In a world governed by finances, it’s often all too obvious that we need to make our own money work harder for us. Everyone likes to get the best possible interest rate or return on investments, with hard earned money tucked safely away. However, we also need to spend money, and anything saved at the point of transaction will reap rewards later on.
All of us have the capacity to reap at least some gain from a rewards credit card. First, we need to understand the name and nature of the card. Rewards are gained over time, with good financial management, while the card is used for as many transactions as possible. A large number of Australians earn and spend sufficiently to justify owning a rewards credit card. At this point we need to be warned that any card payment default or late payment will incur a fee or other penalties that will nullify rewards earnings.
Choosing a credit or debit card
There are more than 16 million credit cards in circulation around Australia. Some of these cards are accruing interest while others are harvesting only debt. Sound money management coupled with reasonable income is essential in avoiding credit card debt. Substantial rewards are unobtainable unless the card owner spends many thousands of dollars.
A debit card, on the other hand, is ideal for people with a limited savings cushion to offset financial hardship. Debit cards are also accepted by major credit card companies as a payment option. They are extremely versatile and don’t incur penalties associated with credit cards. In fact, debit cards are the more popular card overall, with more than 40 million in circulation around Australia.
Reaping what you spend
By now it should be clear that rewards credit cards, although not elitist, are most profitable for people with plenty of spending power. This market share is still a fair percentage of the Australian workforce, with top earners utilising rewards credit cards to support their lifestyle or business. The flexible nature of rewards cards is what makes them a sustainable proposition. Rewards can be redeemed in the form of air points, gifts, accommodation, cash back and more.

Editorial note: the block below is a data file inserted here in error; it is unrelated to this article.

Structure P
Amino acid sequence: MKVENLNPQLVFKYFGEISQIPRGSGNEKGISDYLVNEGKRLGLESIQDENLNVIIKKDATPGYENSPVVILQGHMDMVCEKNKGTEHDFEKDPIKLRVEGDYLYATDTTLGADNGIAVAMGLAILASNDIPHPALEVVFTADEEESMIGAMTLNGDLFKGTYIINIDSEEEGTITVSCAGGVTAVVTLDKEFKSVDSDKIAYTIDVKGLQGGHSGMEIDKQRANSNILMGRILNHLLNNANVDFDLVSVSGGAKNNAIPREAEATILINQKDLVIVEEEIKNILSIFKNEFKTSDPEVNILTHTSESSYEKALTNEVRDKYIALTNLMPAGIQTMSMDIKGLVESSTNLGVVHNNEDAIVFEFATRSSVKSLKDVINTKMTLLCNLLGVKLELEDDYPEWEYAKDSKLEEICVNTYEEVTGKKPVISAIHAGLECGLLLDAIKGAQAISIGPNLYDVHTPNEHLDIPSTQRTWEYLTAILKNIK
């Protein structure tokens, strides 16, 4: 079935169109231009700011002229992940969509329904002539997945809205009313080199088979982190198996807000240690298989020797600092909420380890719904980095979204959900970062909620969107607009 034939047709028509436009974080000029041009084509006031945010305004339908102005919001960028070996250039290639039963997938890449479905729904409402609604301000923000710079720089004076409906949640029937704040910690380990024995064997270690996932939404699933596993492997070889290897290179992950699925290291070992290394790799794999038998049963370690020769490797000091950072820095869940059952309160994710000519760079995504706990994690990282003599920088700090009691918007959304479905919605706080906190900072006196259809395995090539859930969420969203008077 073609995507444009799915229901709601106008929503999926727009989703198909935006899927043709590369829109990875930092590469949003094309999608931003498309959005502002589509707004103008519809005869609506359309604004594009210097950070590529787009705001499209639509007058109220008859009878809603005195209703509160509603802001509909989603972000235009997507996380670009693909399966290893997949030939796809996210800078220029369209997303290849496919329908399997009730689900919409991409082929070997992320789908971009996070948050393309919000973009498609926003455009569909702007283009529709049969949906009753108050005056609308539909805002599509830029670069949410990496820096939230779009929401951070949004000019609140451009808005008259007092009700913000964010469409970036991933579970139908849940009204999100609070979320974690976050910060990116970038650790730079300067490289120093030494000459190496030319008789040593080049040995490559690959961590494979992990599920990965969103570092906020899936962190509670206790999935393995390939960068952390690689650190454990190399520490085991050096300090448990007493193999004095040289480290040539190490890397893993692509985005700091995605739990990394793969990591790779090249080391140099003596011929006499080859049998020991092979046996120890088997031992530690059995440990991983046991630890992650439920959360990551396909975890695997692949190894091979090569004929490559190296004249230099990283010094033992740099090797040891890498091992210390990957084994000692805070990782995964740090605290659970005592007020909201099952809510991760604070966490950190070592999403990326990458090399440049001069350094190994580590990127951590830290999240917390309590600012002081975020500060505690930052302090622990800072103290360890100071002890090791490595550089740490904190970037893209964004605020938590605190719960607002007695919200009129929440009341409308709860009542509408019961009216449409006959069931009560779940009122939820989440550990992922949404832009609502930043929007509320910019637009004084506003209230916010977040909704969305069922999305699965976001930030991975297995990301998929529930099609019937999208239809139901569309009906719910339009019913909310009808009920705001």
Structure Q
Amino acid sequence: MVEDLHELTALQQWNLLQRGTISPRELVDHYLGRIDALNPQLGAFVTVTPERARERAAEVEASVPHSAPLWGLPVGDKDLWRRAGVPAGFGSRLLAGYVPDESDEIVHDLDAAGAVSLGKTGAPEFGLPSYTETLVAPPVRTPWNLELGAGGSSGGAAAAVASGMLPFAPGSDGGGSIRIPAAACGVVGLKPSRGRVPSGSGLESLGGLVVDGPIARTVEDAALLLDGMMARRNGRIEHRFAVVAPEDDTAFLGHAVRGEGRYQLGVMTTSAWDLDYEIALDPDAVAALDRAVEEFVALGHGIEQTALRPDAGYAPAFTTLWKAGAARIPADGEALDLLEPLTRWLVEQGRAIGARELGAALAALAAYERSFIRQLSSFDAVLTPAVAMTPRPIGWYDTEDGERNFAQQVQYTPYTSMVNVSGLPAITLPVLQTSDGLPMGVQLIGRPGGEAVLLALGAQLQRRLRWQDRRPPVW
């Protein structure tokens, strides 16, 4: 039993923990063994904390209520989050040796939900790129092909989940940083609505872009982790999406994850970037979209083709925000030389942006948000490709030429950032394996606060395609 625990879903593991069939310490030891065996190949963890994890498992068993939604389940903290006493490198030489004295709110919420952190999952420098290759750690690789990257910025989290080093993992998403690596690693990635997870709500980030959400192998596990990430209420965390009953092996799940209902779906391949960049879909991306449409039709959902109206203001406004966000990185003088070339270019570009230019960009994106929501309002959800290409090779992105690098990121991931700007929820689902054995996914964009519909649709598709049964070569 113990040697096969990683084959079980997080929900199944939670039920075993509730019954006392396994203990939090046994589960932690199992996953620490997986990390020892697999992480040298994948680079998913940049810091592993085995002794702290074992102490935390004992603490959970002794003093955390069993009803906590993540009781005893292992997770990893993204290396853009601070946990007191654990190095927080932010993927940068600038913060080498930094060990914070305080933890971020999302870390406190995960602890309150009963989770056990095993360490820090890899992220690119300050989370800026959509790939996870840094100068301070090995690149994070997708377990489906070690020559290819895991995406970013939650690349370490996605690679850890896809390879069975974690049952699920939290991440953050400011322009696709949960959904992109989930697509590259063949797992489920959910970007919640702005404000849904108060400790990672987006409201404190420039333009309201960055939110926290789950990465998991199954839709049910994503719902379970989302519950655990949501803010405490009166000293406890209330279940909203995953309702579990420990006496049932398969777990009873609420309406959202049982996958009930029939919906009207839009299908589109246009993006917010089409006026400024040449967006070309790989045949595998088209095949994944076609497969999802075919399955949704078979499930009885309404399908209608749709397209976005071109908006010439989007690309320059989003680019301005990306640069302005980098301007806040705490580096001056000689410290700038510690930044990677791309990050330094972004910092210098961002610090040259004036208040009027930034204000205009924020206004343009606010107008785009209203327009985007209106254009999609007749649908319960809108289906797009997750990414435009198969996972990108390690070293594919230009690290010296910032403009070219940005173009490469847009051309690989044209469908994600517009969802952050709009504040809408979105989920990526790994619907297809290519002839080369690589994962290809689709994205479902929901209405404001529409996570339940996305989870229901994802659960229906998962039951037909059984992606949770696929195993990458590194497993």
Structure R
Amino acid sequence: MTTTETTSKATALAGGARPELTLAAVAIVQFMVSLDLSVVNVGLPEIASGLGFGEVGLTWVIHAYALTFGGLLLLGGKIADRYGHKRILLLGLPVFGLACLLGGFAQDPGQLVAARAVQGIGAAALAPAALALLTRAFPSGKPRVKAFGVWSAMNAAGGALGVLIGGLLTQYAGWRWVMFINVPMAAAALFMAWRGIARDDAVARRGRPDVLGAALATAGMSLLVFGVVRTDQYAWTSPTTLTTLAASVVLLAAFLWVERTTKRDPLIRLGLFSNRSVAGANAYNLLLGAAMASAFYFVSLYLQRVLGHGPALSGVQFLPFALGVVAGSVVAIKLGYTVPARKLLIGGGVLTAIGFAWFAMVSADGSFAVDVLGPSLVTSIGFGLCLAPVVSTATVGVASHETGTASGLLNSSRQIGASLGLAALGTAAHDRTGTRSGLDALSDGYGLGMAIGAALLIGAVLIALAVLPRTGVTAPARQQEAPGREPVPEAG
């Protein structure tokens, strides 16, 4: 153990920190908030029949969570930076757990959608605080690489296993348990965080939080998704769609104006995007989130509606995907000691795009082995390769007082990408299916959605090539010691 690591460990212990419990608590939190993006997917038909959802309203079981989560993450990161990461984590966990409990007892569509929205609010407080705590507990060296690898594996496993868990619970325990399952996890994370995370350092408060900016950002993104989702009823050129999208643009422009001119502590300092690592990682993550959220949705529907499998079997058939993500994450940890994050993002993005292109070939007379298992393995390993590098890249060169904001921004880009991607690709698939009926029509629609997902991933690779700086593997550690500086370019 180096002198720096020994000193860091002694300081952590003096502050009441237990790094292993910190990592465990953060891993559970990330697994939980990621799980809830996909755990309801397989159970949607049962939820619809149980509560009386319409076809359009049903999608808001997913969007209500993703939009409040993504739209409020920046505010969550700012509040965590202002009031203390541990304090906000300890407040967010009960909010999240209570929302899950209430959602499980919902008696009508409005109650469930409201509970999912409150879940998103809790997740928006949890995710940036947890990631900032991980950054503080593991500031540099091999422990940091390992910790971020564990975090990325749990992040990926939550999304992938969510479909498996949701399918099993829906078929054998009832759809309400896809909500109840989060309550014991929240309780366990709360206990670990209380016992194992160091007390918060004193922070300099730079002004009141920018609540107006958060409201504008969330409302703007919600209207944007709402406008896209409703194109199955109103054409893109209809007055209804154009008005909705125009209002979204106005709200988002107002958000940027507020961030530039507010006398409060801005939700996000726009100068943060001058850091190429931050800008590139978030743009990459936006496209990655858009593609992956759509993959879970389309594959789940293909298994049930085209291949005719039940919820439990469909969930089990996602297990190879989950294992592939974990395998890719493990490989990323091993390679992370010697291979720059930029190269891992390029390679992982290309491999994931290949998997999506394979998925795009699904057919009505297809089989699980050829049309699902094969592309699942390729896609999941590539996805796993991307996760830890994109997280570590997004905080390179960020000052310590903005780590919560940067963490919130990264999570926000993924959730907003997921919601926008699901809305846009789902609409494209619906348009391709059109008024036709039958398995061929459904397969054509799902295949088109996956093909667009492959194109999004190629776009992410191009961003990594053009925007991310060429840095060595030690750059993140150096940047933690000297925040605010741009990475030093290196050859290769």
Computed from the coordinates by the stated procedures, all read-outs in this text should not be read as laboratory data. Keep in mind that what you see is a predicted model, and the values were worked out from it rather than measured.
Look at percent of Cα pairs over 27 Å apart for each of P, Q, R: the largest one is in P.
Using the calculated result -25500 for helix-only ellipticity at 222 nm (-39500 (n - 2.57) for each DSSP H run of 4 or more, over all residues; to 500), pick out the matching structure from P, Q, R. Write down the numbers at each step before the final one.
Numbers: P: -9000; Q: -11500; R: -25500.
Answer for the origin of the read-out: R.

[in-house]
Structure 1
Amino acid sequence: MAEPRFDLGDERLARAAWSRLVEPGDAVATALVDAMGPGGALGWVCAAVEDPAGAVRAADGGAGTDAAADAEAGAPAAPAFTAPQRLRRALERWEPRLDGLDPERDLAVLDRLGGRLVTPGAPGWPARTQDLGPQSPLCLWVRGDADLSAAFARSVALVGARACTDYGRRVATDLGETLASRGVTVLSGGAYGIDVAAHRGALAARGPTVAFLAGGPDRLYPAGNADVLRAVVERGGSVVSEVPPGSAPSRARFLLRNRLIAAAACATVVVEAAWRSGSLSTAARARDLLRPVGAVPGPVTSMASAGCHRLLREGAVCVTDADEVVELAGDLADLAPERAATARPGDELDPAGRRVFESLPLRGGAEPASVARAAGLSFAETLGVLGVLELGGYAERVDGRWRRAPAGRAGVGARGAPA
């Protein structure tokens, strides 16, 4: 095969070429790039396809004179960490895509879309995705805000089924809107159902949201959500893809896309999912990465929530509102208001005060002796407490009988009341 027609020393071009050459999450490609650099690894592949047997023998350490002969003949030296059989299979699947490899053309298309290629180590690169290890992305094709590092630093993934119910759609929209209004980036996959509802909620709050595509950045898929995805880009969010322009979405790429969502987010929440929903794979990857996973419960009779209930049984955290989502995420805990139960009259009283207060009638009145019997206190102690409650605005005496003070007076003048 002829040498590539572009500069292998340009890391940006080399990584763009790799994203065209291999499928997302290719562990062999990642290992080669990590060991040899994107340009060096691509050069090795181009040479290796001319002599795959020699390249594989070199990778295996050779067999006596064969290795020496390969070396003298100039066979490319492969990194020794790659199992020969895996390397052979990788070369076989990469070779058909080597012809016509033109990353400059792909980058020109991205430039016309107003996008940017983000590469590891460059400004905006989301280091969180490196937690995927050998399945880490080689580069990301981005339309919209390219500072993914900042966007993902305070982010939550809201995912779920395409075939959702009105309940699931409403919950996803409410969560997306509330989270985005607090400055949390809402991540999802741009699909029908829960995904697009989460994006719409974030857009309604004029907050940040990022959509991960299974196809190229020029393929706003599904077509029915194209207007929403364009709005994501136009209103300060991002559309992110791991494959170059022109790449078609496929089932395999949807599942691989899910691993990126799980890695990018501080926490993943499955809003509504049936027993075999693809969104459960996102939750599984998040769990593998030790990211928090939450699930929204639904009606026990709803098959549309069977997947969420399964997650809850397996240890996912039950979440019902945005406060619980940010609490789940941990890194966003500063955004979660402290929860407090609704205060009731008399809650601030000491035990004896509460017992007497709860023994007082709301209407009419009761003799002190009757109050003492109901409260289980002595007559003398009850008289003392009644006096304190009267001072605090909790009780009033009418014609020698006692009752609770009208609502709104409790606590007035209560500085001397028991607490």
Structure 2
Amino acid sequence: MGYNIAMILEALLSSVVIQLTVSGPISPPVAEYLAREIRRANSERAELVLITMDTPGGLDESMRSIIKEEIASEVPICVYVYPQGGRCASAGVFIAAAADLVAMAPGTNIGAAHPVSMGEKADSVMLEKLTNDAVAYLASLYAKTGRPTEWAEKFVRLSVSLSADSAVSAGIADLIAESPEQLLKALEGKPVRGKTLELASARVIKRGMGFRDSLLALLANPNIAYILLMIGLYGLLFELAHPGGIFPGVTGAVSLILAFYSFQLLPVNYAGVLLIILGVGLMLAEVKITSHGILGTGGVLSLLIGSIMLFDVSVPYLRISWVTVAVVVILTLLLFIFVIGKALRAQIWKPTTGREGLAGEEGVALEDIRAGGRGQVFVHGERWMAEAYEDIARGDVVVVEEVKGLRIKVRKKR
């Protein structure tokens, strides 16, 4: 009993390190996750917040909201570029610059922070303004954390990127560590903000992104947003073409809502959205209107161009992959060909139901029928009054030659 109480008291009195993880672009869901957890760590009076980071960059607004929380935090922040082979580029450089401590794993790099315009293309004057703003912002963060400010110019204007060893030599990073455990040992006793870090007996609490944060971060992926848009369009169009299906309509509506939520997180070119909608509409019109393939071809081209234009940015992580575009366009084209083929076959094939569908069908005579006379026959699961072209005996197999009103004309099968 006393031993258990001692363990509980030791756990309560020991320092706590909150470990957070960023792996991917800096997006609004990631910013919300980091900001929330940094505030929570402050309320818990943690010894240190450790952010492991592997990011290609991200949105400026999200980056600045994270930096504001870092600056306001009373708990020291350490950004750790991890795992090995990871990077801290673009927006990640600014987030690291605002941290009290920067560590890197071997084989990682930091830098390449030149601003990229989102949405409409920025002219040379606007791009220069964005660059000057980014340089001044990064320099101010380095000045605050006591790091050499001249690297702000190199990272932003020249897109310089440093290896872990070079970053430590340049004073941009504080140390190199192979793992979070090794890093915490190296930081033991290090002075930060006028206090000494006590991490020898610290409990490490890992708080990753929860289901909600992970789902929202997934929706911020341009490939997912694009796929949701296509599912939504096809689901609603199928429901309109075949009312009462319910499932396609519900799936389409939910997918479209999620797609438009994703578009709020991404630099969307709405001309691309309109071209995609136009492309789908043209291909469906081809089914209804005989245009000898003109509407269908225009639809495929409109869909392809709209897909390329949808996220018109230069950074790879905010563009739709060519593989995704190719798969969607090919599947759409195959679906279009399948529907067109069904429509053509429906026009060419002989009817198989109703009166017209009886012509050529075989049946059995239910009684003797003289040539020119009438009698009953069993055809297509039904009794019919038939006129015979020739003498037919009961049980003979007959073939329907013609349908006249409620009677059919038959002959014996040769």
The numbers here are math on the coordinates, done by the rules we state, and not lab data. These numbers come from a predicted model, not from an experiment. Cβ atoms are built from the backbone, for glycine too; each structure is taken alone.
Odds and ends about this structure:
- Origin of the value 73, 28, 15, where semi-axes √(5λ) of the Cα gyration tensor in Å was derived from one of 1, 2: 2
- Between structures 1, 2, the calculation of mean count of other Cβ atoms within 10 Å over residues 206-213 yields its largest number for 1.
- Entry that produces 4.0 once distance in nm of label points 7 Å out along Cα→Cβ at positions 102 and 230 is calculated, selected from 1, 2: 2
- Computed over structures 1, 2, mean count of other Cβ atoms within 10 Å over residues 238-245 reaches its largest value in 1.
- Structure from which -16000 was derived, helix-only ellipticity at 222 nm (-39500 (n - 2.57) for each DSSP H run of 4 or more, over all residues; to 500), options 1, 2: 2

Rewards cards not for everyone
Banks have a small financial margin enabling them to reciprocate with bank customers. It’s in their best interest to keep major customers happy. Rewards credit cards are equal opportunity, but the advantages are obviously skewed toward the wealthy. To put things in perspective, the average person needs to spend tens of thousands of dollars in order to receive only $200 in rewards.
Annual card holder fees are also often much higher for rewards cards. Major bank rewards card fees can be $150 per year, while cards without a rewards scheme are closer to $30 per year. Add to this the high interest rate on outstanding balances of rewards credit cards, and we realise the commitment required to transform expenditure into savings.
A little research can pay dividends
A comparison of major rewards credit cards reveals that they are only really useful in the hands of a big spender, or whoever else is in charge of the company purse-strings. Spending less than $30,000 per year will barely result in a profit after annual fees are taken into consideration.
On the other hand, if we do the maths, it’s easily understood that accrued points can definitely be transformed into a value-added lifestyle.
After all, if spending $30,000 results in a reward of $200, then spending 3 million dollars will result in $20,000 worth of rewards. Spending money to make money is definitely easier for the wealthy. Rewards credit cards are worth it, but for now, many of us need to make ourselves financially worthy to take advantage of the situation.
It’s important to keep an eye on special offers, when new card applications receive a huge point bonus and sometimes the annual fee is waived for the firs year. Just this morning as I finished writing this post, Westpac released its new credit card offers and they give 50,000 points for new rewards credit cards and the first year is free. Based on my rough calculations, that 50,000 points worth around $242, which is not bad at all.